Think your child has SEND

Children and young people with SEN all have learning difficulties or disabilities that make it harder for them to learn than most children and young people of the same age. Some may need extra or different help from that given to others.

Extra help 

Many children and young people will have SEND of some kind at some time during their education. Early years providers (for example, nurseries or childminders), mainstream schools, colleges and other organisations can help most children and young people succeed with some changes to their practice or additional support. But some children and young people will need extra help for some or all of their time in education and training. 

Who to talk to

If you think your child has special educational needs or a disability, talk to your child's education setting ask for a meeting with their class teacher or key worker.  They will discuss any concerns you have, tell you what they think and explain to you what will happen next. Each school and setting has a SENCO who can also provide you with advice and support.  

If your child is pre-school (2-5) 

If you think your child is slow in developing or is not hearing or seeing properly, speak to your family doctor, health visitor, your nursery or pre-school setting leader, or someone at your local children's centre.  They may give advice to enable you to support and help your child or refer you to a specialist for an assessment.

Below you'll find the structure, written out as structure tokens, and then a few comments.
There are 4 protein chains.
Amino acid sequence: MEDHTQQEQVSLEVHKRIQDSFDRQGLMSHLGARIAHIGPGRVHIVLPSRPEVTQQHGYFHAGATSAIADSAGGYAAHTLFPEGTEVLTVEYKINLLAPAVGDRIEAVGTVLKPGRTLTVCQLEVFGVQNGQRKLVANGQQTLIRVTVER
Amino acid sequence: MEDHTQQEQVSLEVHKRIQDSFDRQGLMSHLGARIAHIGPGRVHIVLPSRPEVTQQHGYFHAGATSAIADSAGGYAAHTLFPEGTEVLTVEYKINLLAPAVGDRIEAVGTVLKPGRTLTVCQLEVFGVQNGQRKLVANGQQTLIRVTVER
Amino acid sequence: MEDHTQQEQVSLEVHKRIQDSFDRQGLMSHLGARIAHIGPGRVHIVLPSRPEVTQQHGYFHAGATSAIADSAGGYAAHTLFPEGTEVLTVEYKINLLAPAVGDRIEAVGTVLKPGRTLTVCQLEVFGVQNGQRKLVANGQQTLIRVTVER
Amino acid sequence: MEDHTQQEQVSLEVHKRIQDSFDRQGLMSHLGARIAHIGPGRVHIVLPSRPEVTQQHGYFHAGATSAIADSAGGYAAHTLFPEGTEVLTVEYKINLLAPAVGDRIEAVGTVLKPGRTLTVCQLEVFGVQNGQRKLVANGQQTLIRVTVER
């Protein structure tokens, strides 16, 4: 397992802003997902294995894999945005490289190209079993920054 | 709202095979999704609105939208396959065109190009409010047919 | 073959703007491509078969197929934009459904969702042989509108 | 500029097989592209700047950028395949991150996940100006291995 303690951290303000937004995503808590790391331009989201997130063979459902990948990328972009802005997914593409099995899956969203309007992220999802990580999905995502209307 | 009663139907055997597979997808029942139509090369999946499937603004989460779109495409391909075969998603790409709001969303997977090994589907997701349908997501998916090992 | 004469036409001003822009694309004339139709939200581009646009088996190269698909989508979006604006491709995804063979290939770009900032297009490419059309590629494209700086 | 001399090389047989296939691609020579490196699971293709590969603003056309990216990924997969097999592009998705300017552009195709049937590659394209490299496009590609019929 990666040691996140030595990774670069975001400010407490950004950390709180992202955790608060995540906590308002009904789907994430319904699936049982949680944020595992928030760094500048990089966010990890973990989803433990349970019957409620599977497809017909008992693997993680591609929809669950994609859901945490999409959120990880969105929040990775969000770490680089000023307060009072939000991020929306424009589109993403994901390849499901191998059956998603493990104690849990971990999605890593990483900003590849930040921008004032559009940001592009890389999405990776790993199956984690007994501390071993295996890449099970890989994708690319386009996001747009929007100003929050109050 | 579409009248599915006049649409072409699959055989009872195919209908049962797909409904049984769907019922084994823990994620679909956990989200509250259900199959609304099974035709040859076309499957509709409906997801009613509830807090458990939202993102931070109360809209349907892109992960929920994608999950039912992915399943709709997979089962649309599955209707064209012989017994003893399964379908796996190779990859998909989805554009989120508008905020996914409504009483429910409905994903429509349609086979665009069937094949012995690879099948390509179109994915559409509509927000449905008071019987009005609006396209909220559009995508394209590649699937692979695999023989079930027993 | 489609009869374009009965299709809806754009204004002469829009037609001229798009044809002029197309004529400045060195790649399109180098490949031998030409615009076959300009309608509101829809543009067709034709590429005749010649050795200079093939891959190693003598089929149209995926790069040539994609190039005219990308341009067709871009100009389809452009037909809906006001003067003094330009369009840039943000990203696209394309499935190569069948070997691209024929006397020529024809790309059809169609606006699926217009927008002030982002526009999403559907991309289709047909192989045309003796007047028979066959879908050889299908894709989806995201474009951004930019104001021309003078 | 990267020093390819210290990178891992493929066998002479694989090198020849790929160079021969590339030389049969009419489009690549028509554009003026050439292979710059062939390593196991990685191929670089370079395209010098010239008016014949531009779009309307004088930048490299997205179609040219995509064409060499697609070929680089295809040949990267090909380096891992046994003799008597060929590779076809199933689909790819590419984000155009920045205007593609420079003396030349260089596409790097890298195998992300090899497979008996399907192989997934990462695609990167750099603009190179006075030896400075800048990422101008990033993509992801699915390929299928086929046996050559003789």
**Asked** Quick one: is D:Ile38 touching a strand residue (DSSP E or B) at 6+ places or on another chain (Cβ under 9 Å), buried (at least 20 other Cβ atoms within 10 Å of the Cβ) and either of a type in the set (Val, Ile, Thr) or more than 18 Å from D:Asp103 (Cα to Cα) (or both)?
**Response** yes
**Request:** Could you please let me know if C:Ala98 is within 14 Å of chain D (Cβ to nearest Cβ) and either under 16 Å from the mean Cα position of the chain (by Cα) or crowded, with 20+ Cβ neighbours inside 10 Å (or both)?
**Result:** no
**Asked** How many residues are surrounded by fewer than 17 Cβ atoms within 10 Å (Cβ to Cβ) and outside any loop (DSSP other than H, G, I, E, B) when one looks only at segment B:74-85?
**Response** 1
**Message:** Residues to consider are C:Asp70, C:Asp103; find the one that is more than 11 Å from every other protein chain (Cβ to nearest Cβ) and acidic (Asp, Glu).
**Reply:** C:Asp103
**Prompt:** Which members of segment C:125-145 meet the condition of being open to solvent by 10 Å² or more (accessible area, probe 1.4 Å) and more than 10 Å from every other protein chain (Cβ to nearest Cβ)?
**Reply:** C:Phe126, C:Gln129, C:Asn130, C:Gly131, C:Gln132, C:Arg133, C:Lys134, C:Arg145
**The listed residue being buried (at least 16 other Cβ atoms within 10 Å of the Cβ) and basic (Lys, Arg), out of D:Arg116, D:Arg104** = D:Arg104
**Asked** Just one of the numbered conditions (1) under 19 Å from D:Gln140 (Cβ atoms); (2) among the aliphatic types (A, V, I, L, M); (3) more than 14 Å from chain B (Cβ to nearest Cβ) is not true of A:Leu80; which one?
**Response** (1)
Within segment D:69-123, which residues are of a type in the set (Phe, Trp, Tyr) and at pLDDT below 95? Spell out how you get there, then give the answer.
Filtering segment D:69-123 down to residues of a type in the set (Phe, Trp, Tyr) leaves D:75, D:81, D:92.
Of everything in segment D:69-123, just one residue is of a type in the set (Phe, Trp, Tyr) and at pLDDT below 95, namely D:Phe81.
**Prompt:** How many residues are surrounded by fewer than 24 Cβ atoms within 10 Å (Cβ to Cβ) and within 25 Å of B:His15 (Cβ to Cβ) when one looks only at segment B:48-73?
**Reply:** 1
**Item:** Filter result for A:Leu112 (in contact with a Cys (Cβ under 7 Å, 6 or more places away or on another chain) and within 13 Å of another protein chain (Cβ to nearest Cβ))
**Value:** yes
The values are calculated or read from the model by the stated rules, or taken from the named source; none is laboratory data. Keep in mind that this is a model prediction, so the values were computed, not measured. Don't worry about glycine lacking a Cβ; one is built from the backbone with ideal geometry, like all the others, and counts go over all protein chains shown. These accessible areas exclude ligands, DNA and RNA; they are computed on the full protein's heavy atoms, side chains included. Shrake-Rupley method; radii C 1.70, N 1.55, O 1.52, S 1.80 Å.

If your child is at school (4-16) 

Your child's teachers will consult you if they have concerns about his or her progress.  If you notice any difficulties with your child's learning you should ask your child's teacher about them first.  Schools are able to support and help children who have special educational needs by providing, for example, extra help and/or adapting the curriculum so it is more accessible for the child. 

If you or your young person is at college 

You should talk with your college tutors if you have concerns about your course and how you are getting on.  They should be able to advise you about support that will be available.  Within the college, there should be clear information about where to go for advice and support about your learning and progress. 
SEND support Any support your child gets from their school or other setting should meet their needs.